“Well, because I’m a cool guy. Ha, just kidding, but I like to think of this as my job appraisal… My life has been dedicated, not just politically, but through the teaching of my parents and my community that, you give back. I’ve been a strong, passionate guy that says your community is everything; make it the best you can. And I believe that I’ve done that, and I want to give more. I’ve got the same energy; I’m not going to stop helping my community. The growth of post-secondary education has been strongly supported by myself, I have worked very hard, and I have broke down some barriers on how funding was done. I believe strongly that we collectively, we as a community, can speak strongly with one voice to Queen’s Park, and not have Queen’s Park tell us what it’s going to do to us. And I think I’ve given evidence of that time and time again… If anybody comes in here that challenges me for my job, if they do not have the same belief in this community, and if they want to hang their hat on a political party and stick to it, and say ‘you know what, sorry Brantford, but my leader tells me that I’ve got to do this to you,’ throw them out. And if you ever catch me doing that, throw me out. Because this is based on what we should be democratically doing, and that is building our community.”

 

Alex Felsky: New Democrat Party Provincial Representative for Brant

Photo courtesy of Alex Felsky.

Photo courtesy of Alex Felsky.

The Sputnik met up with Alex Felsky at her vibrant orange campaign-sign laden office to talk with her about her platform, how the NDP plan on tackling issues that affect Laurier-Brantford students.

A part of several organizations and initiatives like, The Executive of the Professional Organizers in Canada, The Canadian Federation of University Women (CFUW), and The Brant Association Breastfeeding Information Education and Support (B.A.B.I.E.S), Alex was excited to discuss her unique plans for Brant, and her passion for student issues.

Why Felsky loves Brant:

“Oh do I have to pick just one thing? Oh, there are so many things! I love the trails, I love walking those with my family, and riding our bikes down there. I love Harmony Square, it’s such a great meeting place! We’re always downtown now, whether that’s for movies in the square in the summer, or skating in the wintertime, events like Frosty Fest, the Chili Fest, it’s just a great meeting place. It’s lovely to sit on the patios, and just to enjoy a coffee. I love Glenhyrst Gardens, that’s one of my favorite spots, such a beautiful property, it’s a real gem in Brantford. I love going for walks in the county, I love being outdoors, and there’s so many new spots to discover here in Brant. There’s nothing that quite compares to having a coffee at Brown Dog in Paris, sitting on the balcony looking out at the Grand.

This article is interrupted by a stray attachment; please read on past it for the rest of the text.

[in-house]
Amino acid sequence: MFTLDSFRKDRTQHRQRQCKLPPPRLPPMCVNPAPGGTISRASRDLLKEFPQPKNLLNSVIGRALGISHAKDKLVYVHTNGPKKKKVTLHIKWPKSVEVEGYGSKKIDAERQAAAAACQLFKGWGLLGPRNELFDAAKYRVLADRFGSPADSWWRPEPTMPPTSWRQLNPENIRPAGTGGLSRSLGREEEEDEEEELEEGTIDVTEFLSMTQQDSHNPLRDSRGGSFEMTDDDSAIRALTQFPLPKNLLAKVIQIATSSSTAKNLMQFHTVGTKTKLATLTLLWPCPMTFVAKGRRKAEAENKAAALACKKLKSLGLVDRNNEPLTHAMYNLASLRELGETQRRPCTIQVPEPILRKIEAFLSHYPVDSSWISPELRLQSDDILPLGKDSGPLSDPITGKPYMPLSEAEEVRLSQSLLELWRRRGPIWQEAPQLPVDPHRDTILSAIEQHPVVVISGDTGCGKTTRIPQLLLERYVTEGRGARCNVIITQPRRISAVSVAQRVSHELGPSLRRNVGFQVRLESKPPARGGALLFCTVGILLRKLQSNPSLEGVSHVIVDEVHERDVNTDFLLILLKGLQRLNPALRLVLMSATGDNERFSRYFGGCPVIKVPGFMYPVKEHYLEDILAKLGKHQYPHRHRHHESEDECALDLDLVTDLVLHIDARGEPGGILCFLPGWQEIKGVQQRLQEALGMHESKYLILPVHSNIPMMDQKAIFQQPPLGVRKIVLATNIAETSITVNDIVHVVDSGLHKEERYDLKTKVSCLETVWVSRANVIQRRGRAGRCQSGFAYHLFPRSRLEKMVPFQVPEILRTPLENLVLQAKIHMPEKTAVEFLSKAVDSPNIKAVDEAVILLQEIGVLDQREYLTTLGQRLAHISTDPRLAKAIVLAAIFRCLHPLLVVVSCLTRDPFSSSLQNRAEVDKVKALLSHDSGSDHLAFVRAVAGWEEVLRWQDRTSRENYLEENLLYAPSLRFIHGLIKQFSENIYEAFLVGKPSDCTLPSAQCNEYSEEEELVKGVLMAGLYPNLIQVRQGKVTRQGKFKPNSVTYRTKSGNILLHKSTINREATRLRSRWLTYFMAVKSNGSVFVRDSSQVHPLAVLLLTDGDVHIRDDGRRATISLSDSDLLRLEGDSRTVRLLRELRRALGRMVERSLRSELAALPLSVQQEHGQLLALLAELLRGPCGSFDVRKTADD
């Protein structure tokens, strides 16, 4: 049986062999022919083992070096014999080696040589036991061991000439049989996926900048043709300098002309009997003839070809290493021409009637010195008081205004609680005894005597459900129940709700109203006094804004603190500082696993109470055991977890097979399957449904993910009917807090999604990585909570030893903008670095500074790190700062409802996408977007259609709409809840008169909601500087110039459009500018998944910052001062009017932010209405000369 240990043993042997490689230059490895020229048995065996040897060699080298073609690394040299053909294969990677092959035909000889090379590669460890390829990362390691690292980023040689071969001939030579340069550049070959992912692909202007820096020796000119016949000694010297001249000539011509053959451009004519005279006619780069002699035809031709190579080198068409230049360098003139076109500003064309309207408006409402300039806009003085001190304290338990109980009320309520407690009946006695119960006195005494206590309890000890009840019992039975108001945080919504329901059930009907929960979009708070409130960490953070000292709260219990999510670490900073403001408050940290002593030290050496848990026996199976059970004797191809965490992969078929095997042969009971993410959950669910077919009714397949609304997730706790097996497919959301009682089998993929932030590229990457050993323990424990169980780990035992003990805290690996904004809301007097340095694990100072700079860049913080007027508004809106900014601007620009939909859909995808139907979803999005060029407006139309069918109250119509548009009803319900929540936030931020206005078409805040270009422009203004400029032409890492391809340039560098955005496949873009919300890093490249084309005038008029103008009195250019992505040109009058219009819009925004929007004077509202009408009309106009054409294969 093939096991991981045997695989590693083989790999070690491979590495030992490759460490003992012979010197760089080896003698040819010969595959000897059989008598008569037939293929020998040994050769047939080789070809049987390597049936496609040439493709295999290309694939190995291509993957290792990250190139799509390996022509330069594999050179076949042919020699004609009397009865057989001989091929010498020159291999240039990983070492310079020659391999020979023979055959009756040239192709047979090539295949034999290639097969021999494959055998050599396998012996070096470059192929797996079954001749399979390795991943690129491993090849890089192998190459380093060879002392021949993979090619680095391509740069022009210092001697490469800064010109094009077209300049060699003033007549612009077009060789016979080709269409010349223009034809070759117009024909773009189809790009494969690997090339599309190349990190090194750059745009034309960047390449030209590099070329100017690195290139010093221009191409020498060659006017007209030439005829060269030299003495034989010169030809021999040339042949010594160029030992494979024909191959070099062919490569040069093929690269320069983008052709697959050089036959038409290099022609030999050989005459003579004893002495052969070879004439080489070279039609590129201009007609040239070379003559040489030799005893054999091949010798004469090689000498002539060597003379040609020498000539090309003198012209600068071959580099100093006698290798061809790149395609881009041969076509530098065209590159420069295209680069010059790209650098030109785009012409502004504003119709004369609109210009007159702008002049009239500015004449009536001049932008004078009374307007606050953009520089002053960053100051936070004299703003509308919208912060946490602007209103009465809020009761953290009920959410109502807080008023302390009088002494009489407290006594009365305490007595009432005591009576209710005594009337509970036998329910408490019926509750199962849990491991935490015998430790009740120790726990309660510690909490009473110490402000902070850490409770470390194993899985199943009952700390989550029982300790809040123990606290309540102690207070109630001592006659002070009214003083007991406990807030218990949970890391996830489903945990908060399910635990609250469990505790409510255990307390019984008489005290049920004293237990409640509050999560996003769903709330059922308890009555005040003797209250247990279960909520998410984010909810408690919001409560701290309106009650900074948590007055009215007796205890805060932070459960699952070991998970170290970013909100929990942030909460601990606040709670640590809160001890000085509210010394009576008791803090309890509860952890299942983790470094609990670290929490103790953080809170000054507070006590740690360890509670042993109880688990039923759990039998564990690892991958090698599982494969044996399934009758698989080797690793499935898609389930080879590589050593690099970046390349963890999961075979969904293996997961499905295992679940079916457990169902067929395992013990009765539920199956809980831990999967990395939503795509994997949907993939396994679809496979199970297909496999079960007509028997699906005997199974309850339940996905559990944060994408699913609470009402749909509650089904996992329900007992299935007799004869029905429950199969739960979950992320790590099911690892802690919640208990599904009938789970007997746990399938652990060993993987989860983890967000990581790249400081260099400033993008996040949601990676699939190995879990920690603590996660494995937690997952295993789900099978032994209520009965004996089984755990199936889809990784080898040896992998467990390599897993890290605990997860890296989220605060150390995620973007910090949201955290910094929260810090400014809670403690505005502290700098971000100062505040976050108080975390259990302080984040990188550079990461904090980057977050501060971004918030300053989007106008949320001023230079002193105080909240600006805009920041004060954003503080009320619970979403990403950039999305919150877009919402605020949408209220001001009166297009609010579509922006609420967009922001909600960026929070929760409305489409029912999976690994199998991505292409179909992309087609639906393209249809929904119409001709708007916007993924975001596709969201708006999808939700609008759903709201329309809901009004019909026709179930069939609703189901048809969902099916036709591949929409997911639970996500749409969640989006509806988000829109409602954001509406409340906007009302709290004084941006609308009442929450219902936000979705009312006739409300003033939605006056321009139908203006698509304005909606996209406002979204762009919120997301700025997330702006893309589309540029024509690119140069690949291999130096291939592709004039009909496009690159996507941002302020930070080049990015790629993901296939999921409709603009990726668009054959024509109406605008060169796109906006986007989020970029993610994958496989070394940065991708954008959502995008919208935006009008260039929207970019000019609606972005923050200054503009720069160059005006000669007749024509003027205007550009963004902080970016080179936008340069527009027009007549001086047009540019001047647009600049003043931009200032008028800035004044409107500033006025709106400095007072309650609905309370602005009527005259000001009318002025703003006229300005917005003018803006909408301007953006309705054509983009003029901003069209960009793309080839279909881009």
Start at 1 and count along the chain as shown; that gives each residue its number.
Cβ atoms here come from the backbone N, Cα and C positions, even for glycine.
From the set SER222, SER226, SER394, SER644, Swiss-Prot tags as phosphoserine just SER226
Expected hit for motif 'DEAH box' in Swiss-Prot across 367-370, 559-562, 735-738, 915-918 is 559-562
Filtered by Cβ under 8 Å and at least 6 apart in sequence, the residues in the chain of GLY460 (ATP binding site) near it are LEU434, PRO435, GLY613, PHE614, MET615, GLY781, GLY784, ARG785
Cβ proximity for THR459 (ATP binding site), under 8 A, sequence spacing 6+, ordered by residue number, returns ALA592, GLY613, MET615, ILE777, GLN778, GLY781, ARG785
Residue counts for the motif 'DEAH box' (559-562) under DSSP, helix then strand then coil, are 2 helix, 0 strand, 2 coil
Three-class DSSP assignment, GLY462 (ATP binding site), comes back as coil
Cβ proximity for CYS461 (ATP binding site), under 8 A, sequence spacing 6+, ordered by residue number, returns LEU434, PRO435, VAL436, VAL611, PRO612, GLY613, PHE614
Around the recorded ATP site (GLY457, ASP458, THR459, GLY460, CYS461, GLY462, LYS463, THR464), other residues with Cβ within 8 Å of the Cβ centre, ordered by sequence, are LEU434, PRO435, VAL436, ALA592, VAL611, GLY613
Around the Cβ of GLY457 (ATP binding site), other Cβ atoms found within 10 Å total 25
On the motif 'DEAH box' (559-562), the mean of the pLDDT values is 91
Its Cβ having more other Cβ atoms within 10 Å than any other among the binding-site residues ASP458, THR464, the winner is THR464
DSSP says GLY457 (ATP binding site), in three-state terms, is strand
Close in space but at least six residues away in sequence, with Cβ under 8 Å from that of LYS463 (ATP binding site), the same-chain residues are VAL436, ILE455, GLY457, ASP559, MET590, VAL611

Felsky’s opinion of Provincial NDP Leader Andrea Horwath:

“Andrea Horwath has been our leader for six years now, I believe she’s been an MPP serving Hamilton for 10 years. We actually just celebrated her anniversary, when she was here for my campaign kick-off and office opening party. We got her a cake from Sophia Gluten-Free downtown, to congratulate her on ten years. She is someone who is really in it for the right reasons. She’s someone who cares about making life better for families, making life more affordable. She’s the most popular, and most trusted leader in Ontario, and there’s very good reason for that. She works hard everyday to make sure the lives of everyday people in Ontario are improving.

Felsky on the accessibility and affordability of education:

“New Democrats know that [affordability and accessibility of education] is a huge issue. There are so many barriers to getting a post-secondary education in Ontario. That’s why we said we will stop any increases to the cost of tuition right away. The other really important policy that will help students is to make student loans interest free. The other thing that we know people are struggling with is the high cost of tuition, books, and the cost of living. We’re going to raise the minimum wage to twelve dollars an hour. That will mean that students can better afford to go to school and will graduate with less debt… We know that in the past, there is a 30 per cent rebate for certain students, but many students for some reason don’t qualify. It’s touted as a one-size fits all, ‘30 per cent for everybody!’, like on Oprah right, ‘you get 30 per cent- oh and you get 30 per cent’, but not everybody is getting their 30 per cent. That is not helping, in the grand scheme of things for many, many students. The other thing we’d like to do, is there’s lots of students who have children, and they’d like to make a better future for their families, and so they want to go back to school, even when they have children, but there’s a real lack of good, affordable, safe childcare. That’s why New Democrats are going to invest 100-million dollars into childcare, to ensure that for parents who are students, or would like to be students, they have the opportunity to better the future for their families.”